And there she met a still greater concourse, for all the inhabitants of the Emerald City turned out to welcome her return, and all the houses were decorated with flags and bunting, and never before were the people so joyous and happy as at this moment when they welcomed home their girl Ruler. For she had been lost and was now found again, and surely that was cause for rejoicing. Glinda was at the royal palace to meet the returning party, and the good Sorceress was indeed glad to have her Great Book of Records returned to her, as well as all the precious collection of magic instruments and elixirs and chemicals that had been stolen from her castle. Cap'n Bill and the Wizard at once hung the Magic Picture upon the wall of Ozma's boudoir, and the Wizard was so light-hearted that he did several tricks with the tools in his black bag to amuse his companions and prove that once again he was a powerful wizard.

For a whole week there was feasting and merriment and all sorts of joyous festivities at the palace in honor of Ozma's safe return. The Lavender Bear and the little Pink Bear received much attention and were honored by all, much to the Bear King's satisfaction. The Frogman speedily became a favorite at the Emerald City, and the Shaggy Man and Tik-Tok and Jack Pumpkinhead, who had now returned from their search, were very polite to the big frog and made him feel quite at home. Even the Cookie Cook, because she was quite a stranger and Ozma's guest, was shown as much deference as if she had been a queen.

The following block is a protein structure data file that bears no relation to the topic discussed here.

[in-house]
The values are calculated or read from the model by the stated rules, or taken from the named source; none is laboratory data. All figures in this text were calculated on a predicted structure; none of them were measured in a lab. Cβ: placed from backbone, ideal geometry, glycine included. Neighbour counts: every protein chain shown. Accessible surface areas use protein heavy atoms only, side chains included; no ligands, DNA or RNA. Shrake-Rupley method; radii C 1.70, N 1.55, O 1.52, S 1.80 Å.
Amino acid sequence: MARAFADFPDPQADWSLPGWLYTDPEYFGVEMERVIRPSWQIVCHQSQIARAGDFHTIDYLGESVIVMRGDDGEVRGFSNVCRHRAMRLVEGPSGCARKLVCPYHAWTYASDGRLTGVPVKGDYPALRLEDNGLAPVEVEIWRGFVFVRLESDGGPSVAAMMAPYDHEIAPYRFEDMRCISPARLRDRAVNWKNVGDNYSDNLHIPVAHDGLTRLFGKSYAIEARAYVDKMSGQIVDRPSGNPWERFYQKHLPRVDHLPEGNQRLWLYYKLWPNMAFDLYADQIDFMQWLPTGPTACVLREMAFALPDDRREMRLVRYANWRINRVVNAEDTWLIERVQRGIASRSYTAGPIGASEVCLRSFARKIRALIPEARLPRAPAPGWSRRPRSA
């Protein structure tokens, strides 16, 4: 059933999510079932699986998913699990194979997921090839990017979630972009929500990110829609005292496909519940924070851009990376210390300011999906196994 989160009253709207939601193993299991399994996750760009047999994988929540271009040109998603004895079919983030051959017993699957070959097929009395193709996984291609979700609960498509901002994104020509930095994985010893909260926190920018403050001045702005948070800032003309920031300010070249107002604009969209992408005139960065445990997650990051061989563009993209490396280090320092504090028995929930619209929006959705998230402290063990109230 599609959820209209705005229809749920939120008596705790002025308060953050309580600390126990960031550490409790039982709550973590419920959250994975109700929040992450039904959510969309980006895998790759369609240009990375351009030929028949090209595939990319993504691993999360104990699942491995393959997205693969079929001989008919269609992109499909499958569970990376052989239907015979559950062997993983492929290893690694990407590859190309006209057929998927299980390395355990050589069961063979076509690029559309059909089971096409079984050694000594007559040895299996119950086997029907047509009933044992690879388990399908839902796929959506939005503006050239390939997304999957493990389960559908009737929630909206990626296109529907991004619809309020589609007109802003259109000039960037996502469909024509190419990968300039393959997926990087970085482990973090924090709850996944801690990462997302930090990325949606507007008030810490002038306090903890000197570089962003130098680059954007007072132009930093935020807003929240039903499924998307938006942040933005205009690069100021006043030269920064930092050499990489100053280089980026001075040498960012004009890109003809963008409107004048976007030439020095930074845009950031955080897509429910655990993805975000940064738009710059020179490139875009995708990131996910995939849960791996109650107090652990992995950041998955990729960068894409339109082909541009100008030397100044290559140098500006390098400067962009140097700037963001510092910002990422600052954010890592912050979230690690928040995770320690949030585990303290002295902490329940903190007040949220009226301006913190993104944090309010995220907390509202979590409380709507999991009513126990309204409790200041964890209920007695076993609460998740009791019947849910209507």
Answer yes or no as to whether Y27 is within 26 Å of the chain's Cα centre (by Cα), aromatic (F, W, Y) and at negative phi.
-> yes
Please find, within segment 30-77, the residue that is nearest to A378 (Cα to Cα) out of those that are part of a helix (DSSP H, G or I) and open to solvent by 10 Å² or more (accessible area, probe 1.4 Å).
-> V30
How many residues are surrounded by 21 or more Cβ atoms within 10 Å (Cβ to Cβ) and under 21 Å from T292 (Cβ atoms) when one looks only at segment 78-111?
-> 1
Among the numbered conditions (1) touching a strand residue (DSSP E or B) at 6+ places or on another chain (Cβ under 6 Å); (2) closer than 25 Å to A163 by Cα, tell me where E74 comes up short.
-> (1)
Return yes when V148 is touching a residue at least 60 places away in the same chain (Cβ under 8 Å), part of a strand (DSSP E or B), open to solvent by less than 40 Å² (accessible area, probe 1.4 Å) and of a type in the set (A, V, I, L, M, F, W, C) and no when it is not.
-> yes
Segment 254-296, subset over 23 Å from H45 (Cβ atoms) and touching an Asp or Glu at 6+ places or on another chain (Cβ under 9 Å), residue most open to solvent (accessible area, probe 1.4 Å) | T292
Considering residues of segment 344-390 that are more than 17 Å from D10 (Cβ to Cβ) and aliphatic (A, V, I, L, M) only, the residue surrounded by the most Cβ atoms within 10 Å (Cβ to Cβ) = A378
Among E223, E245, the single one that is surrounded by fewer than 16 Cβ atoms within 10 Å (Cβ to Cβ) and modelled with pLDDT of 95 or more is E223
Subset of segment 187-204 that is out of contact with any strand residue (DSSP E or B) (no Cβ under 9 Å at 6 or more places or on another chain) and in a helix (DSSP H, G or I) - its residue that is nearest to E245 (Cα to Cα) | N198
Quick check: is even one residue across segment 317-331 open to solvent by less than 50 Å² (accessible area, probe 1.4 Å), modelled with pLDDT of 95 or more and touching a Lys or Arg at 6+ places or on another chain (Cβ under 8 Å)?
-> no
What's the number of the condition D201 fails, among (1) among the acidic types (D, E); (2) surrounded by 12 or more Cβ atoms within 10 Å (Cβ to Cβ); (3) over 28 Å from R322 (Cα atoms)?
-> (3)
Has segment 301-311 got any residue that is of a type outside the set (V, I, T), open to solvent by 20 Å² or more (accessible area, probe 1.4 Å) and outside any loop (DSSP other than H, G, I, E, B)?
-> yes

"All the same, Your Majesty," said Cayke to Ozma, day after day with tiresome repetition, "I hope you will soon find my jeweled dishpan, for never can I be quite happy without it."

Chapter 26


The gray dove which had once been Ugu the Shoemaker sat on its tree in the far Quadling Country and moped, chirping dismally and brooding over its misfortunes. After a time, the Scarecrow and the Tin Woodman came along and sat beneath the tree, paying no heed to the mutterings of the gray dove. The Tin Woodman took a small oilcan from his tin pocket and carefully oiled his tin joints with it.

While he was thus engaged, the Scarecrow remarked, "I feel much better, dear comrade, since we found that heap of nice, clean straw and you stuffed me anew with it."

"And I feel much better now that my joints are oiled," returned the Tin Woodman with a sigh of pleasure. "You and I, friend Scarecrow, are much more easily cared for than those clumsy meat people, who spend half their time dressing in fine clothes and who must live in splendid dwellings in order to be contented and happy. You and I do not eat, and so we are spared the dreadful bother of getting three meals a day. Nor do we waste half our lives in sleep, a condition that causes the meat people to lose all consciousness and become as thoughtless and helpless as logs of wood."